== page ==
CITY HALL— Issues over labor, design, and community benefits caused planning commissioners to delay approval of two proposed hotels on Fifth Street and Colorado Avenue Wednesday night.
The proposed Courtyard by Marriott and Hampton Inn and Suites are being touted as affordable hotels by developer OTO.
Of the 21 people who spoke during the public portion of the meeting, 16 criticized the project and four favored it. Nearly every criticism focused on labor.
The commission voted to continue discussing the project at the next Planning Commission meeting on Oct. 16. If the development agreement changes during that time, the commission will have to hear public comment again.
Members of Unite Here Local 11, a hospitality workers union, filled the chamber and voiced their opposition to the development agreement.
Union members stood as Francis Engler, Westside director of Unite Here Local 11, asked the commission to vote to delay the project.
“When you consider the community benefits that OTO promises, in the end you have to decide if you trust them to deliver on what they promise,” Engler said. “Our union has been trying to work with OTO for more than a year to ensure community benefits like local hiring, living wage, and transportation for workers, and the problem that we have is that each time we hear a promise on one of these subjects, when you look at the fine print … , what’s on paper is actually less than what’s promised.”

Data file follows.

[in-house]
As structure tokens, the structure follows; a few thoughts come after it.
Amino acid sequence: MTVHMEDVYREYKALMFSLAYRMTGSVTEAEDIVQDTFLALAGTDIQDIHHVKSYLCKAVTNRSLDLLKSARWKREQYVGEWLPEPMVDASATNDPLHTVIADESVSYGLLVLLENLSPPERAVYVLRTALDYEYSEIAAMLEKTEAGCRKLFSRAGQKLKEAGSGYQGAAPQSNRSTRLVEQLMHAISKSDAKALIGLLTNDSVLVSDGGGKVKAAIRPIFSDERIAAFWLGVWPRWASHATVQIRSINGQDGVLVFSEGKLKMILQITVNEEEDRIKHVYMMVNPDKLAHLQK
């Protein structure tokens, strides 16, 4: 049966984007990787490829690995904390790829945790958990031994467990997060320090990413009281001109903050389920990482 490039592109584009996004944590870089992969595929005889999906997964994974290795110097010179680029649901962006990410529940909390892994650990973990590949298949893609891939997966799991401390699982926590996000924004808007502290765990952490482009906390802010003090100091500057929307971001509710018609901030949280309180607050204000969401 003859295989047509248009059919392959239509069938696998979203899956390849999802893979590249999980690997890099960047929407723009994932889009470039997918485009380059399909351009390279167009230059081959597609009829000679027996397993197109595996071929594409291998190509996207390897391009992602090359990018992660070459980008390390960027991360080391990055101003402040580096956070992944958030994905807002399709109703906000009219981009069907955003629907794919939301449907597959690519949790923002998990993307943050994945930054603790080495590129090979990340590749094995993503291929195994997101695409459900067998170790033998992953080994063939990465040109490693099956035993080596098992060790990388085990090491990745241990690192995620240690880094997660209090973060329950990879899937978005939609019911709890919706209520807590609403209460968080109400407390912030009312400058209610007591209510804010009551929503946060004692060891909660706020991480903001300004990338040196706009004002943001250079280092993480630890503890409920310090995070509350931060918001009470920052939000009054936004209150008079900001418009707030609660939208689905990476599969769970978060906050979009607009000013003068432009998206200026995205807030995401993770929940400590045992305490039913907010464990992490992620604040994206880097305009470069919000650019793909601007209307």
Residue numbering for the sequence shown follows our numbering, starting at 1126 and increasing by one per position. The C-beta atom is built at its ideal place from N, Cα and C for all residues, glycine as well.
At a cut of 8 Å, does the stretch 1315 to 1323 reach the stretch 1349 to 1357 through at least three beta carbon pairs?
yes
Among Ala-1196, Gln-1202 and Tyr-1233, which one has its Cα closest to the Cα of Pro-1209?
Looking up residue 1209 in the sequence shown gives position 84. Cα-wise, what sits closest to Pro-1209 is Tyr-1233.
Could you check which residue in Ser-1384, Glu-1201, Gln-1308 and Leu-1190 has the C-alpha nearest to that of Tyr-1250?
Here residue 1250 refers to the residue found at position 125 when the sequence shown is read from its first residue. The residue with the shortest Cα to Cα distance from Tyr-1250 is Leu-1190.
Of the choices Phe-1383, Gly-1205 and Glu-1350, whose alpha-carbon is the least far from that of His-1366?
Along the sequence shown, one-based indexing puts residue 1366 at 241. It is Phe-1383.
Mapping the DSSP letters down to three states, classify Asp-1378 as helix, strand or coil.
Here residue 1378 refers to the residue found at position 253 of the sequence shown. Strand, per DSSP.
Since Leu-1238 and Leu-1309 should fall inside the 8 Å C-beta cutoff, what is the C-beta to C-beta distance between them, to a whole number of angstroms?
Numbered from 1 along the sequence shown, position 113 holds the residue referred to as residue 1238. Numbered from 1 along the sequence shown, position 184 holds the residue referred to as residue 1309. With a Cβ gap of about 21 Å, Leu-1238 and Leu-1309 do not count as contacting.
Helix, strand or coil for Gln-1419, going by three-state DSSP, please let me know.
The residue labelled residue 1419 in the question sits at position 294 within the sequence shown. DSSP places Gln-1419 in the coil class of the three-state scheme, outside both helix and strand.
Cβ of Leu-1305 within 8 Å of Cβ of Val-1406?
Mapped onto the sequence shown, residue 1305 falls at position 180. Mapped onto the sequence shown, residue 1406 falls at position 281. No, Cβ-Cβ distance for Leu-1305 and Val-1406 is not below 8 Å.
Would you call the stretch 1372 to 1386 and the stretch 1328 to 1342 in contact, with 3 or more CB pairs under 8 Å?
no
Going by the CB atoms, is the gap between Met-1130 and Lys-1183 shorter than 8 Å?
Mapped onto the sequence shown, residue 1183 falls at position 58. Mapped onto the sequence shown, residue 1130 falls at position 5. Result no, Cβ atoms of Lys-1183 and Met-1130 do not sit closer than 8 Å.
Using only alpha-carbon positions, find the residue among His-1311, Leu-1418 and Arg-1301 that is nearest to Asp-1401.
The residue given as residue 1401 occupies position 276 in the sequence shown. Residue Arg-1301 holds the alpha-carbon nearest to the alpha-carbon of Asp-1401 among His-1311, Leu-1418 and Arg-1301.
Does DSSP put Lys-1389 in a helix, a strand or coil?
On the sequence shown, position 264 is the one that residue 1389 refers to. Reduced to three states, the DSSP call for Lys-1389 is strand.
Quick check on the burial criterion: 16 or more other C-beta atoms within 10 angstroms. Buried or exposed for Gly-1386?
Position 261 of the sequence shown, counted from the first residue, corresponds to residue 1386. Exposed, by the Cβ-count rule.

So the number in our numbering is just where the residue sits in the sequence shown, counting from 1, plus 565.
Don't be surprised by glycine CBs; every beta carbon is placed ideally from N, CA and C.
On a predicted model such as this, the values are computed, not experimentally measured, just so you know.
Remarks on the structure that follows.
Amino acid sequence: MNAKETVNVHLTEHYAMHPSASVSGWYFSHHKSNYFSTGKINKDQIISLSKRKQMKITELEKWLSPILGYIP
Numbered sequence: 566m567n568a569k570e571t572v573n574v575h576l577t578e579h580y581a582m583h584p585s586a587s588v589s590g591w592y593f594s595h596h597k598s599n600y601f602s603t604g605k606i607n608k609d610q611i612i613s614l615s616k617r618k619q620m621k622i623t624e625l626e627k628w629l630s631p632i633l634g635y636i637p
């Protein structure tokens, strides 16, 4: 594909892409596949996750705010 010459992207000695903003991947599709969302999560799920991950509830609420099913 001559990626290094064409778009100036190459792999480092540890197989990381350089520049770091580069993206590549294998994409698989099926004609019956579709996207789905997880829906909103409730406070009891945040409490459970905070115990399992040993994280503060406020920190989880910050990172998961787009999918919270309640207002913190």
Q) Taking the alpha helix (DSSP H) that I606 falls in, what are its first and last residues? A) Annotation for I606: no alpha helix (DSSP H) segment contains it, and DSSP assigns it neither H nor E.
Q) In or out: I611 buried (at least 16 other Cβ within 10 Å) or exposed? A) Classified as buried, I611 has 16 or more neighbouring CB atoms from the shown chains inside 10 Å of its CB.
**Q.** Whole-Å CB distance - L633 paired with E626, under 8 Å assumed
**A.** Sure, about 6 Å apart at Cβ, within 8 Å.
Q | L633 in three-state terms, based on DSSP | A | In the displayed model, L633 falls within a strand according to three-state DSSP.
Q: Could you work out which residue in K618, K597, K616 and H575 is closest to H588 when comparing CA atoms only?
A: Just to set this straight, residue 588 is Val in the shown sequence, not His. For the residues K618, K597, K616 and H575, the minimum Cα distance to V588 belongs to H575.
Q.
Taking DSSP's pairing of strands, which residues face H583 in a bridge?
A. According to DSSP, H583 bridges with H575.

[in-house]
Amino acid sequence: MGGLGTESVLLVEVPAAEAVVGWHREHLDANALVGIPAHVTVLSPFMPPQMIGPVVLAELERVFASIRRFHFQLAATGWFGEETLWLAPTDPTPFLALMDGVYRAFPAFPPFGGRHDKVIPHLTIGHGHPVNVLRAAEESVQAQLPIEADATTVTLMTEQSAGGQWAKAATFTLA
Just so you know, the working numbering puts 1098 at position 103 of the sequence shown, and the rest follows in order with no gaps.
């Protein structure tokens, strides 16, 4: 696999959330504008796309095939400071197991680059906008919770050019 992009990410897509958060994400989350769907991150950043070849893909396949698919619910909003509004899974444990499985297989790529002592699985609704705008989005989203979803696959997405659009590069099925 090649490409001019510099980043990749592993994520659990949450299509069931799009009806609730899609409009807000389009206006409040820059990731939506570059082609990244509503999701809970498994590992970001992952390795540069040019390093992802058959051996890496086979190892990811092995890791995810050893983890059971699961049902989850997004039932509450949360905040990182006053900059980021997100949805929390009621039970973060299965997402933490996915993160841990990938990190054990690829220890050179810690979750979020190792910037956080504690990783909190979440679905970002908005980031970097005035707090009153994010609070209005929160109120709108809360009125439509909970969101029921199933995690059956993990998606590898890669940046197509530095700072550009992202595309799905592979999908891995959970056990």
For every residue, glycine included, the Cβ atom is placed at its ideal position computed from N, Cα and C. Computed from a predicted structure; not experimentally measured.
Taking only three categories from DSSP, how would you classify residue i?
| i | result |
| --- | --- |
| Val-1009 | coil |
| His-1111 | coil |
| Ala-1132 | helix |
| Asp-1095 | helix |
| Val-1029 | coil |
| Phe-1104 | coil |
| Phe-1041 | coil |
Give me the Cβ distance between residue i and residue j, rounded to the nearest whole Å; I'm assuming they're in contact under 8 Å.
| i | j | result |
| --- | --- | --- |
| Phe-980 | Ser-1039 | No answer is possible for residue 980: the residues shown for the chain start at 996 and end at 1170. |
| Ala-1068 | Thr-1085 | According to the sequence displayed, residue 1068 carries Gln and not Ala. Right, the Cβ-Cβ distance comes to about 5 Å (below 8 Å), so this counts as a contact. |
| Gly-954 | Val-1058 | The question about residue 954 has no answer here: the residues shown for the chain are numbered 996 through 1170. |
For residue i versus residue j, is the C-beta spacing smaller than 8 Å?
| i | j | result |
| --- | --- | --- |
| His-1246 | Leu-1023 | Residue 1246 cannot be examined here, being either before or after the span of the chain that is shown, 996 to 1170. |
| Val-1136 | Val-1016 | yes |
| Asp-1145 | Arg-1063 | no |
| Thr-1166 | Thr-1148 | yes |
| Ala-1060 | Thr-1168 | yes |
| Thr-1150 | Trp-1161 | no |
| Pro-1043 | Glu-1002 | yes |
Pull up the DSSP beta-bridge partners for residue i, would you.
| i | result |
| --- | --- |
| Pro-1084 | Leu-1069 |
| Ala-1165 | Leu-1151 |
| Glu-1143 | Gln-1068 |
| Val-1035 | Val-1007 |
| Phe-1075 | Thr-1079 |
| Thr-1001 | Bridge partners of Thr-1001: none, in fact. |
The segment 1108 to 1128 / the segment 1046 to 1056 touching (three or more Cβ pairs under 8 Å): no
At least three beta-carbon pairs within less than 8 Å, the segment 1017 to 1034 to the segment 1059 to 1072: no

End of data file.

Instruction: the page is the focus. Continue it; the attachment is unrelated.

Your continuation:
OTO sent Unite Here a proposed neutrality agreement, but Unite Here did not consent, according to OTO Director of Development Mike Gallen.
“We think that the local hiring program that’s been provided is probably the most robust program to come across in Santa Monica,” he said. “I know there’s a lot of concern about ‘it’s not good enough. It’s not good enough.’ It’s built upon what was approved last year at the 710 Wilshire [proposed hotel]. If they had concerns then, it’s been about a year to hear those comments.”
Currently, the developers have allocated $100,000 to the Los Angeles Hospitality Training Academy as a community benefit. Engler said the money does not solve the hiring problem.
“You’ve heard promises on local hiring,” he said. “What is in the agreement right now is not enforceable on local hiring. And no amount of money to the (academy) will fix that if you do not have enforceable local hiring language.”
Engler told the commission he was not asking them to vote on a question of unionization.
Commissioners asked the developer and union leaders about the labor issue and then moved on to questions of design.
The proposed hotels are both six stories tall. The Hampton Inn design has 143 rooms. The Marriott has 136 and is simpler architecturally.
“It is more the decorated box, but I call it the jewel box,” said architect Gwynne Pugh, a former planning commissioner.
Commissioners asked the developers about the placement of outdoor seating, the possibility of moving the sundries market, and the aesthetics of an exterior wall before Commissioner Jason Parry suggested that they continue the discussion on Oct. 16.
Some of the community benefits proposed by the developer include contributions to historic preservation, the Hospitality and Training Academy, and affordable housing totaling close to $900,000.